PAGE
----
3.11

Three years ago today, I was siting in the boys’ bedroom in Mukono, Uganda, as we prepared for that night’s church service.
As I was sitting there, I didn’t know one and a half years later that that house would be my home.
And I also didn’t know, as we were hearing about the earthquake in Japan, that six months later, I would be there.

March 11, 2011.
That date may not be significant to many of you.
At that time, I knew what had happened in Japan was bad; I didn’t realize on how large of a scale.

And these are 6 to nine months later

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debris pile in Rikuzentaka

 

DSC02538street in Kessenuma

 

DSC02548what used to be houses and businesses in Kessenuma

 

Those pictures, don’t do justice to the magnitude of what happened in so many places and effected countless people.

Here are a few recent pictures taken by a friend less than two months ago

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trucks removing some of the debris

 

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some people think everything is back to normal in Japan now – it’s not!

 
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cleaned up area of Onagawa – some want this building as a monument

 

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there are temporary stores popping up in different places

 

This morning I watched this video, if you want to take the time to watch it (4 mins:), I think you should.
The city in Japan, Rikuzentaka, was one of the places I would visit when I was there.
It gives you a glimpes at how one town in CA was impacted by March 11, 2011 two years later and how that connected them with Japan.

 

Recovering Hope from Facebook Stories on Vimeo.

 

much love!

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Princess Diana’s daughter

Another blog already,  I don’t know what’s gotten into me:)

When I got home from work today, I found out a video was made for, “The Bethany Song.”  If you haven’t heard this catchy tune, you’re not alone; it was written by Paul and Nina for me before I left the base in Japan.

This is one of the many reasons I currently miss Ichinoseki base:

 

ps. for two months, I was introduced as Princess Diana’s daughter.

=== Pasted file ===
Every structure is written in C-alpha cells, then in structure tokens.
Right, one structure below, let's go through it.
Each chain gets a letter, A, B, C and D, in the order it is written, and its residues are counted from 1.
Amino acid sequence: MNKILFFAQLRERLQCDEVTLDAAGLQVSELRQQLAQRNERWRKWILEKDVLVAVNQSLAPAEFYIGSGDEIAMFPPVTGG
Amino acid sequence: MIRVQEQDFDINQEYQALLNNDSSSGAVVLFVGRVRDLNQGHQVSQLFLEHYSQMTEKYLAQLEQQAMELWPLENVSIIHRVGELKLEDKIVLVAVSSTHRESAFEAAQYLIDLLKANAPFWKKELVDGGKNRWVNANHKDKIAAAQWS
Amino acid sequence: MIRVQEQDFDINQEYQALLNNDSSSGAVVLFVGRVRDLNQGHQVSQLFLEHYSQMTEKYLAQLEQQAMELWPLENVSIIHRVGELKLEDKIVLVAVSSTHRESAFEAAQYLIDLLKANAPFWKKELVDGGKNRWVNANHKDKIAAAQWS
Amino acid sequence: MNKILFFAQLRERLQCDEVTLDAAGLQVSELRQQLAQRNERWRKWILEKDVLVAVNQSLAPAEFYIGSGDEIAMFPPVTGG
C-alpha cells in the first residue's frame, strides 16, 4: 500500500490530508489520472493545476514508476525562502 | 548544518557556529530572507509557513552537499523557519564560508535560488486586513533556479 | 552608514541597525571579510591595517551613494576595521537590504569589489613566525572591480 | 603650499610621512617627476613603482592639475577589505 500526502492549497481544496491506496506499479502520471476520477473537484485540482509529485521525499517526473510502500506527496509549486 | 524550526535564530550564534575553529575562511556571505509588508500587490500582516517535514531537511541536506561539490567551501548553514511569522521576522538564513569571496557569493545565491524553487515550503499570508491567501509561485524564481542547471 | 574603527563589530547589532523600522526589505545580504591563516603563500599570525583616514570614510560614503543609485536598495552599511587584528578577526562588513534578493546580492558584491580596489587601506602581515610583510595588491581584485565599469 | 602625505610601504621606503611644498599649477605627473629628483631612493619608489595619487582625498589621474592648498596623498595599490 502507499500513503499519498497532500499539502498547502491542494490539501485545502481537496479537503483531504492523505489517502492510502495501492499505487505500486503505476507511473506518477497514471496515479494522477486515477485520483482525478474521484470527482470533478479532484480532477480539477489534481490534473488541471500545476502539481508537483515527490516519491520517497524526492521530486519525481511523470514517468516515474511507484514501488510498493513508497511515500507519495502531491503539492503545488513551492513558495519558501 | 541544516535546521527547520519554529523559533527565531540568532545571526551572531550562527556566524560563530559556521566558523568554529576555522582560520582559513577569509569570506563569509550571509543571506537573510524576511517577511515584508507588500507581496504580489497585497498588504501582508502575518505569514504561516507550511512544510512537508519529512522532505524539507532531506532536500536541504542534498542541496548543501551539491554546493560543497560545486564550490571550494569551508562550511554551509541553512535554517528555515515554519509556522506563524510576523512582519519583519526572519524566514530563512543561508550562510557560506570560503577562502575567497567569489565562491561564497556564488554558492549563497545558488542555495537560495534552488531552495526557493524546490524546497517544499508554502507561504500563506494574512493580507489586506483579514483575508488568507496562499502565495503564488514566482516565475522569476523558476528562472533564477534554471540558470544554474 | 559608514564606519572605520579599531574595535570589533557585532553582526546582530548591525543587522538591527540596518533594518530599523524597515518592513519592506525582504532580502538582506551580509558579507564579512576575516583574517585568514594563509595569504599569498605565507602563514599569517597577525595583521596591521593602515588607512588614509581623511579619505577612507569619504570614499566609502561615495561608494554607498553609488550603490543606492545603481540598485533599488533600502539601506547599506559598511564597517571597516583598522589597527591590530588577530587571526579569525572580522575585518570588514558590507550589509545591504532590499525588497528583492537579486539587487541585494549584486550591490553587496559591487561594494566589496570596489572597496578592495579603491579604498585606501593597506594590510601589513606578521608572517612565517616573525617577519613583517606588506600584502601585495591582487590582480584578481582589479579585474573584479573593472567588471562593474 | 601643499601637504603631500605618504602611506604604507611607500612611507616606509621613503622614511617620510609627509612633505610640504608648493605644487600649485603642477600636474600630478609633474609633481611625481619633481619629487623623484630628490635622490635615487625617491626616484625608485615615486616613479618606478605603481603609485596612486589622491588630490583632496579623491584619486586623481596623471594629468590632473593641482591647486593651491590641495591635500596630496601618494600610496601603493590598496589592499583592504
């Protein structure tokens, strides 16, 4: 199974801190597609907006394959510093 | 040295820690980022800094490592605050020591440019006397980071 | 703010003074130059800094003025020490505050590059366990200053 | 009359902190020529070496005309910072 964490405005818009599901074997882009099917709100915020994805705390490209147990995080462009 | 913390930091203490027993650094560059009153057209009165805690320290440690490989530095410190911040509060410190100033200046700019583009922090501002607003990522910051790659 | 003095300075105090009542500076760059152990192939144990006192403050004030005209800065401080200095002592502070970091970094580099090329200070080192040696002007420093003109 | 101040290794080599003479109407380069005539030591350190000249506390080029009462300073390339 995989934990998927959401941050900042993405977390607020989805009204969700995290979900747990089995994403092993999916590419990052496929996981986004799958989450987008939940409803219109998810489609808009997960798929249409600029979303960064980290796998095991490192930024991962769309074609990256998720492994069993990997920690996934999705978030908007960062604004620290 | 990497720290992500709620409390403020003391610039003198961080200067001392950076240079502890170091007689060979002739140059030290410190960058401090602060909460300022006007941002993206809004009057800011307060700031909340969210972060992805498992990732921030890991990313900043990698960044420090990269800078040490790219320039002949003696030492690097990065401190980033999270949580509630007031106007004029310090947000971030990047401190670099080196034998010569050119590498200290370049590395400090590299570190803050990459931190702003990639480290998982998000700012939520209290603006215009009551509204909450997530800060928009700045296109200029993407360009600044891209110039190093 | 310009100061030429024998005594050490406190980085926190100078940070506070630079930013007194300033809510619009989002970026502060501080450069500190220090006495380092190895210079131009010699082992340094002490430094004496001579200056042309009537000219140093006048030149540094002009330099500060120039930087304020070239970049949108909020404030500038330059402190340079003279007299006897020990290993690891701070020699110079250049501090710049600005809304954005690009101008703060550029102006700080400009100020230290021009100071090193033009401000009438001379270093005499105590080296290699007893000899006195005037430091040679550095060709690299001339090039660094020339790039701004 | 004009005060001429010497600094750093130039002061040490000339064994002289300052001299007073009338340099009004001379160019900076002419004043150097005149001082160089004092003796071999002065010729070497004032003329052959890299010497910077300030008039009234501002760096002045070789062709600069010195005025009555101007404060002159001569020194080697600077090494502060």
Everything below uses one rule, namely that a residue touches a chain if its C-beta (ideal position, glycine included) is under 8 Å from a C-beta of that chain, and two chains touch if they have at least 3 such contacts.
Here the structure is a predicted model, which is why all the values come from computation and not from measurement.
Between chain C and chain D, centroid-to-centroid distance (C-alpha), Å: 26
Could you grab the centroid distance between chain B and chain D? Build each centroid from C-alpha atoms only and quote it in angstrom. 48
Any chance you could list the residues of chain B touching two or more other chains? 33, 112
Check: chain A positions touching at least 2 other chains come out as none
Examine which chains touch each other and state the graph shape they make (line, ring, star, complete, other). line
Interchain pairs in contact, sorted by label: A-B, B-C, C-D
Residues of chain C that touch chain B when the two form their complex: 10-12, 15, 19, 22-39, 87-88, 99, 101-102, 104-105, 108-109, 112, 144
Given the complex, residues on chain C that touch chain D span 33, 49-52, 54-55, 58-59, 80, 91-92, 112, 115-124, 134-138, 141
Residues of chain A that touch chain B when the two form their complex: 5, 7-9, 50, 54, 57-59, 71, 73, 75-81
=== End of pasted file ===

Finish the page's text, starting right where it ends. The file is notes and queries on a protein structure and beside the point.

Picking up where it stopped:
much love!

Japan (in a nutshell)

March 11th.

Today doesn’t really mean much to us here in America, but in Japan, this marks one year since the devastating earthquake and tsunami that has changed the country.

Oshima Island, Kesennuma, Japan

piles of rubble.  Oshima Island.

On a much less important note, this also means I have been home from Japan for about three months now.  One of the last blogs I wrote, on my world race site,  I briefly mentioned my time in Japan.  I thought today would be a good day to share more of what I saw and what I did while there.

While in Japan, I volunteered with an organization called CRASH Japan.  CRASH is headquartered in Tokyo and has five bases throughout Tohoku.  For my first month I volunteered at headquarters; October and November I was at the Ichinoseki base in Senmaya, which is about 7 hours north of Tokyo.

Senmaya, Iwate-ken, Japan

Ichinoseki Base in Senmaya

The staff at Senmaya was very international while I was there, Japanese, Norwegian, German and American, which worked very well for the various groups of volunteers that would come to help.

Senmaya, Iwate-ken, Japan

staff the day that I left Senmaya (Emiko, Paul, me, Nina and Strauss-sensei)

Rikuzentakata, Japan

after a cafe, Junior, Mayumi and me

Everyday at the base was different and unpredictable.  Some days we never left the base, but were busy cleaning or preparing for coming activities/groups.  Some days we passed out food, house-hold items, clothing or snacks at temporary housing.  We also held many mobile cafes at various temporary houses; which is where we would bring coffee, tea and waffles to the survivors in their community center, giving them a time to get together and talk and hang out.

Kesennuma, Japan

passing out goods, with another volunteer, who was from southern Japan

Pictures and videos can never do it justice, but I put together a very short video (maybe 2 minutes) showing some of the devastation and destruction I saw while I was there.  Most of the footage is from Kesennuma.

I am very thankful for the opportunity I had to volunteer in Japan.  I met and worked with so many great people.

much love!